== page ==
Hundreds of Princeton flood victims face homelessness at the end of March, if there is no intervention from higher levels of government.
As the Red Cross prepares to transition its displaced clients to interim or longer-term housing, those people will literally have no place to go, according to Mayor Spencer Coyne.
“We are running out of options,” he told the Spotlight. “There is no hotel space, there are no rentals, there are no rentals anywhere around us and there is very limited hotel space around us.”
Housing studies indicate there is a zero vacancy rate in the municipality.
Boundary-Similkameen MLA Roly Russell, while admitting there is no solution to the looming crisis at this time, said he’s committed to making sure flood victims will have some place to live.
“I’m not in a position to say ‘yes’ or ‘no’ but there is certainly a lot of energy focused on it,” he said in an interview last week.
In December, the Town of Princeton requested funding from the province for a temporary housing camp, 100 self-contained units to be placed in the industrial park.
Those funds didn’t come through, and it’s a consequence of antiquated and restrictive legislation, according to Russell.
“What we have inherited here for emergency response and recovery is old and outdated.”
The crux of the issue is that Emergency Management BC cannot fund recovery projects, while there is no other ministry that oversees recovery needs.
“We are working on it and trying to figure out how to accommodate the request of the town,” said Russell. “We have to be creative.”
He added the government is also reviewing emergency response policies to make improvements for future events.
“There is a genuine desire to build a better system going forward,” Russell said.
In December, the roles first performed by local Emergency Social Services (ESS) – distributing food and clothing vouchers – were transferred at the province’s request to the Canadian Red Cross.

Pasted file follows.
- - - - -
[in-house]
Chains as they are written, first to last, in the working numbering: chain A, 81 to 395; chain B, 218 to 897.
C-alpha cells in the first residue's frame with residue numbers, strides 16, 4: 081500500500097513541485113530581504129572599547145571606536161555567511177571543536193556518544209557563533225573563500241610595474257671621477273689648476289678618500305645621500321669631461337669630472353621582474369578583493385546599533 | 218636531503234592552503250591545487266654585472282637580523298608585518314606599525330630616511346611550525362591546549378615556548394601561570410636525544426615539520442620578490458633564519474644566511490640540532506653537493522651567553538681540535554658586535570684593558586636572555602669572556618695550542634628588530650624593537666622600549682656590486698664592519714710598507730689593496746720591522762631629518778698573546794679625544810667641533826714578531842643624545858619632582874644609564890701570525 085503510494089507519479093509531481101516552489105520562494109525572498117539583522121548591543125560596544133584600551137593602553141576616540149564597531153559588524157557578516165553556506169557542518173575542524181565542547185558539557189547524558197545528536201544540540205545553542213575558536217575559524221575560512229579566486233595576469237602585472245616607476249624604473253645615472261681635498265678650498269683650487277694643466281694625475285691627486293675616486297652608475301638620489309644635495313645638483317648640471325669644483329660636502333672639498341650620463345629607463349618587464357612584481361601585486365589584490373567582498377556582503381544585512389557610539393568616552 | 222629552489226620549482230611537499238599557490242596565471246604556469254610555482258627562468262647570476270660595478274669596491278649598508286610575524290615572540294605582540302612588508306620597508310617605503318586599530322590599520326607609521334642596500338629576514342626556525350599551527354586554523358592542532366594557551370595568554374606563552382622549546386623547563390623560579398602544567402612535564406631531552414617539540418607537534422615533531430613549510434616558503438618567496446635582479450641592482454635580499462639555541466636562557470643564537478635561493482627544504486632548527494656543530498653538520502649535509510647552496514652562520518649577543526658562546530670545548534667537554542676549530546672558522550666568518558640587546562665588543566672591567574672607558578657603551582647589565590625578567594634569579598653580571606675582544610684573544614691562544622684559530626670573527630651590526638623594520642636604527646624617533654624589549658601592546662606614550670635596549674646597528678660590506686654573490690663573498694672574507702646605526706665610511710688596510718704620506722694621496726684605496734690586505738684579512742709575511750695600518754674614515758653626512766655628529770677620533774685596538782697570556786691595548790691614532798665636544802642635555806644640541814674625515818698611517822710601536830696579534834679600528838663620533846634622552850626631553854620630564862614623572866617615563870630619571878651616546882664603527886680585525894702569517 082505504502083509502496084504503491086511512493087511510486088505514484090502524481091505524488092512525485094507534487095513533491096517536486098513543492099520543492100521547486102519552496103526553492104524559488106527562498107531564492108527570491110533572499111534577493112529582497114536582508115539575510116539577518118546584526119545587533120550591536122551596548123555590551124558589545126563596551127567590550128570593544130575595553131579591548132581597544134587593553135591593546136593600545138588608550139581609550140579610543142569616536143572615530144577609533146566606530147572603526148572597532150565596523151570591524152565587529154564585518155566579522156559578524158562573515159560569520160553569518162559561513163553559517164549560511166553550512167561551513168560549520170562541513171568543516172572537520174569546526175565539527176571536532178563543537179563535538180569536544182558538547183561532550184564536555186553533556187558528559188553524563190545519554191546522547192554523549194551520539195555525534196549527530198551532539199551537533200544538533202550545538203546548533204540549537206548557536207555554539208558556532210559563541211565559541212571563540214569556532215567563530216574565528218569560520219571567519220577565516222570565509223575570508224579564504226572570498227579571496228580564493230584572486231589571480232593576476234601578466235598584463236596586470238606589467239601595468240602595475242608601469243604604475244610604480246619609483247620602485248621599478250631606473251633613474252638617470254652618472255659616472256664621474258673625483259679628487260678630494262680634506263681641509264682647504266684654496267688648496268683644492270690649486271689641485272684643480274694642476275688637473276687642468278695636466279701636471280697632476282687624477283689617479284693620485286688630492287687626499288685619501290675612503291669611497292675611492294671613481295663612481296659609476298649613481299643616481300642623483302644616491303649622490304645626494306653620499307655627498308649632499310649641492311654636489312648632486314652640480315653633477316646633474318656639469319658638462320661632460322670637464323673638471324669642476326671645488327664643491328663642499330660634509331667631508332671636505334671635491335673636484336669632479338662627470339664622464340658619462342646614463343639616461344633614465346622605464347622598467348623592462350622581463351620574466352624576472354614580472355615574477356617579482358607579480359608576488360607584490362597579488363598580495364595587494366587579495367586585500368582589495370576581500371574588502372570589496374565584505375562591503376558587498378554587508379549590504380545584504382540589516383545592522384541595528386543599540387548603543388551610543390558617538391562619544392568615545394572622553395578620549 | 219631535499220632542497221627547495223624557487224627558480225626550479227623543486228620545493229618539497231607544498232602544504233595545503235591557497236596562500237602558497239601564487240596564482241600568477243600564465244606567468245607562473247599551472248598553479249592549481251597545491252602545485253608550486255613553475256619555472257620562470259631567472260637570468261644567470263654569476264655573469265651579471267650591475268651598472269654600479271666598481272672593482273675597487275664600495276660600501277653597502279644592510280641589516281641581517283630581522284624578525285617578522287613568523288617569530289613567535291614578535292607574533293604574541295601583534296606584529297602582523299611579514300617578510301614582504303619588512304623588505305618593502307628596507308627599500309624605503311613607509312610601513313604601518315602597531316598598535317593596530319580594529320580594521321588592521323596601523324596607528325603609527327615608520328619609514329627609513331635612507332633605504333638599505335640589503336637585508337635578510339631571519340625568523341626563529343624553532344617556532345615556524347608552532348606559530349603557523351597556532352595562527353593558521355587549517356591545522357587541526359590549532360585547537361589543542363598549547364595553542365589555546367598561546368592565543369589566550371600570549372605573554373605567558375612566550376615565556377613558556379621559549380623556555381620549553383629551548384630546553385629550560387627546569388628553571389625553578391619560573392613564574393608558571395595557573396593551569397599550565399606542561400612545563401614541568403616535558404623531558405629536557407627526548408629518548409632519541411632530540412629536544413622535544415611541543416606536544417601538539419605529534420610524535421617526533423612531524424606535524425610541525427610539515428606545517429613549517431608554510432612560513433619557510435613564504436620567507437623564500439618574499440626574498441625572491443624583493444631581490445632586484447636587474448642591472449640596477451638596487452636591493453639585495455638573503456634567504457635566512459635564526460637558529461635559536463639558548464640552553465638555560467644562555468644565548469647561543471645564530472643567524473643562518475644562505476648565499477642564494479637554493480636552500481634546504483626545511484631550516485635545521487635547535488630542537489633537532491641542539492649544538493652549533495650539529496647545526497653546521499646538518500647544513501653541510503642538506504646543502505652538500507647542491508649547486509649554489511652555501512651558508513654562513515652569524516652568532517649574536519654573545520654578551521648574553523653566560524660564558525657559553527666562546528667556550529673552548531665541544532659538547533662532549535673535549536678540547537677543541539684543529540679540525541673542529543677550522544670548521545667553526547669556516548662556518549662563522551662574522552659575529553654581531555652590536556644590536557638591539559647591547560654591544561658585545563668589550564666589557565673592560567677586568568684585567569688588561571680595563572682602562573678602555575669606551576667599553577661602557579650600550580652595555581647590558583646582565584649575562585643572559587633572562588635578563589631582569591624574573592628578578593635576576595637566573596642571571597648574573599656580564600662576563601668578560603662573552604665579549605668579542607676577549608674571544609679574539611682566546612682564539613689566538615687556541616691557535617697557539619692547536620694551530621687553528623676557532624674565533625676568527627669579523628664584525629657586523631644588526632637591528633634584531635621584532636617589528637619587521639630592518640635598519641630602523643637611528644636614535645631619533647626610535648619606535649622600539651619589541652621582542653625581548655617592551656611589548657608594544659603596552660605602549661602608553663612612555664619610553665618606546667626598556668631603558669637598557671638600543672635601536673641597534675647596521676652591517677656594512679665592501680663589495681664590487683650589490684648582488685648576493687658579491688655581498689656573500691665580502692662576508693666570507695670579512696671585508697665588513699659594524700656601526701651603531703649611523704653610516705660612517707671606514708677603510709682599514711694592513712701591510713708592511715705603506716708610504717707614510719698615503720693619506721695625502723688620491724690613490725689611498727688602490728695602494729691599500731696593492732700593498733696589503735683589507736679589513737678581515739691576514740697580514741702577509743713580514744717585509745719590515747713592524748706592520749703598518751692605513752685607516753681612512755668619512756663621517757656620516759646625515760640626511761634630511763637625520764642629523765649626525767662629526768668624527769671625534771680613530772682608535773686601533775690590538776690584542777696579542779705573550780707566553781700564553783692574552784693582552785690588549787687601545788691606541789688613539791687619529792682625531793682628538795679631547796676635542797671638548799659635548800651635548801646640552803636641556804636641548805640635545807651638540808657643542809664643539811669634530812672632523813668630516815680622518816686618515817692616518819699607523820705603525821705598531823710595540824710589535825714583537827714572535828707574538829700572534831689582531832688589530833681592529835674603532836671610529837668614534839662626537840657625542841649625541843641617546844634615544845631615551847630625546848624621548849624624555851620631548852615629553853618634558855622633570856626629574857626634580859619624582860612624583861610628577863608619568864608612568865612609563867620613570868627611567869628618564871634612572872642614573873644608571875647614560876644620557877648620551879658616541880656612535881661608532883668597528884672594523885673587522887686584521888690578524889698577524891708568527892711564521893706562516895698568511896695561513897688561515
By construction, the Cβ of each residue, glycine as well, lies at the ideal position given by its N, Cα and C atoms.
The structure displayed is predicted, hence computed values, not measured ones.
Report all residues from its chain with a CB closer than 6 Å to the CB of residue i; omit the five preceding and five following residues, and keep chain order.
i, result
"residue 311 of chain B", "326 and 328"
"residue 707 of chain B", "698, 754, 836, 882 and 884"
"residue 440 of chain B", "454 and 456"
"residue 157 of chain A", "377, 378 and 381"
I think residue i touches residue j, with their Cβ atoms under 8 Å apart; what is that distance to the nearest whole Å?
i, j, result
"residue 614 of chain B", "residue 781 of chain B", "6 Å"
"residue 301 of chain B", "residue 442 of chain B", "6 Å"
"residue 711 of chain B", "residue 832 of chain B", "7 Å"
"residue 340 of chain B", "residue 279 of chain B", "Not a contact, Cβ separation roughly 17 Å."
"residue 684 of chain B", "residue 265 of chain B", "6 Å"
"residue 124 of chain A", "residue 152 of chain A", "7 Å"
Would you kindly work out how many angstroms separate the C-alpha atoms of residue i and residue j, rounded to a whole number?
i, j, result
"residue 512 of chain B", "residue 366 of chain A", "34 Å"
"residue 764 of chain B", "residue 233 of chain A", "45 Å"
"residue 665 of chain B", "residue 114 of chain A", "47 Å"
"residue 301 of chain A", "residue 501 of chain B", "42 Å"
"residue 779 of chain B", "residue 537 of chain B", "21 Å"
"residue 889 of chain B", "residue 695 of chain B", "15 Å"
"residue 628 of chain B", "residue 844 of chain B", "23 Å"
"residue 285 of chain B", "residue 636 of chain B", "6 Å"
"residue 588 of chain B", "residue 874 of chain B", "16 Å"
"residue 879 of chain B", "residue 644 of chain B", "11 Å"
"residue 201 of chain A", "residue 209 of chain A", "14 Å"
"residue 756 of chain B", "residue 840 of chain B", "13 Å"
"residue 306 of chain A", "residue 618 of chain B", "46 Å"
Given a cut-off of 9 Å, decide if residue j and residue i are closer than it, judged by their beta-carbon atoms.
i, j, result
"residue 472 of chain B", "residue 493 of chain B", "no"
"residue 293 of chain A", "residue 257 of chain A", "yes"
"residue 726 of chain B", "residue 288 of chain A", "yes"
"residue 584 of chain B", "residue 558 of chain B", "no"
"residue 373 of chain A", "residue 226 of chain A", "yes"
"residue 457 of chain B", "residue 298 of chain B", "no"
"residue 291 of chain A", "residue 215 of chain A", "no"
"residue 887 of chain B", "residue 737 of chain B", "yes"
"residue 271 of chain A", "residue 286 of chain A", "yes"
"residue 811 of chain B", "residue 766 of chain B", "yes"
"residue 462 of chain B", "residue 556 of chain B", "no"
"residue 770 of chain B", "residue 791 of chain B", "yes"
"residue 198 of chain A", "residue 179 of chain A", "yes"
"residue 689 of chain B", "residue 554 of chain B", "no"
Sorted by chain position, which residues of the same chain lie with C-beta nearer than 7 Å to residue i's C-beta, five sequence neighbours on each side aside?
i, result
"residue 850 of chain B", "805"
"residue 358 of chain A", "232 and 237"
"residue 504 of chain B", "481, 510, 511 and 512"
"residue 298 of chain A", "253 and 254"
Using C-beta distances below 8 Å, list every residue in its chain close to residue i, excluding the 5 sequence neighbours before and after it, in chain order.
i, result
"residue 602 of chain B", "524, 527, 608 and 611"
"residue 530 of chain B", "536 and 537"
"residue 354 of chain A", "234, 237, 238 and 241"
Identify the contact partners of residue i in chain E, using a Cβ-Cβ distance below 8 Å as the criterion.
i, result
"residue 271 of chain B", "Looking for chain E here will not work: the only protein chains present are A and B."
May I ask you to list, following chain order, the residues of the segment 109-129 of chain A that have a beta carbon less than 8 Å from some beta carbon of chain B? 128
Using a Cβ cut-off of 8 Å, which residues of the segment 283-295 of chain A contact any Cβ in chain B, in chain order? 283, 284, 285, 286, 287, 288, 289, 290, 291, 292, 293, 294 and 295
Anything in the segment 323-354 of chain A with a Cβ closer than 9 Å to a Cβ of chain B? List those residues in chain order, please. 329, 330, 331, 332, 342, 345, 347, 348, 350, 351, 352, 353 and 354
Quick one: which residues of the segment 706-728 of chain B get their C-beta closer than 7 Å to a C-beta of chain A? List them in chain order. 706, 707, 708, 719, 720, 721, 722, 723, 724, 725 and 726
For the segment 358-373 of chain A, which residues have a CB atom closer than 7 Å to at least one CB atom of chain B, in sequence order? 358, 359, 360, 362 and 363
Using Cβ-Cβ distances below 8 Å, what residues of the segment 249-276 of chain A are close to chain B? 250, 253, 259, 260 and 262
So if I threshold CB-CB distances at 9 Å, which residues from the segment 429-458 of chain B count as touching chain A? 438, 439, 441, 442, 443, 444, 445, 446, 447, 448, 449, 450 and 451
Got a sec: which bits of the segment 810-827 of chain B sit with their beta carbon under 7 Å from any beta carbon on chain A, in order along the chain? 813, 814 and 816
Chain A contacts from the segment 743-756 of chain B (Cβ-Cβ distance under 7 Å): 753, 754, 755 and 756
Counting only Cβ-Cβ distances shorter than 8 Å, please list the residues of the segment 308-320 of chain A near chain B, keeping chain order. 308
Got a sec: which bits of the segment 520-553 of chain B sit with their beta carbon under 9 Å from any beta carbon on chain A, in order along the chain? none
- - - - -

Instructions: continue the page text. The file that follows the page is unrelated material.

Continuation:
The CRC registered 371 households, representing 618 people. Two hundred and ninety households were issued one-time $2,000 payments, benefiting 500 individuals. The CRC also overtook the arrangement and funding of temporary accommodations for evacuated residents.
Some of those people were placed in local hotels and motels, and others were sent out of the community to hotels in Penticton, Kamloops, Kelowna and the Lower Mainland.
Early in February, the CRC began informing clients it would be stepping away from providing emergency accommodations, and those arrangements handled by the agency would cease Feb. 15, according to Coyne.
The mayor learned about the plan third-hand, and organized meetings to forestall that move, securing a new deadline of March 31.
In response to an inquiry from the Spotlight the Red Cross issued a written response that stated in part:
“Broad commercial accommodations support remains available up until at least March 31, and provides individuals and families impacted by the floods with the time they need to find longer term housing options that meet their needs….
“The Red Cross will continue to provide personalized recovery supports to individuals and families, such as housing repair and reconstruction, further interim housing assistance as needed, as well as non-financial support. The Red Cross will also work with the provincial government and the Town of Princeton as they seek to secure more permanent solutions to housing challenges.”
Specific questions about how the lack of available housing in Princeton and area could impact flood victims, under the circumstances, were unanswered by Dean Pogas, director of communications for Red Cross BC and Yukon.
In a telephone interview, he directed the Spotlight back to the CRC’s written statement.
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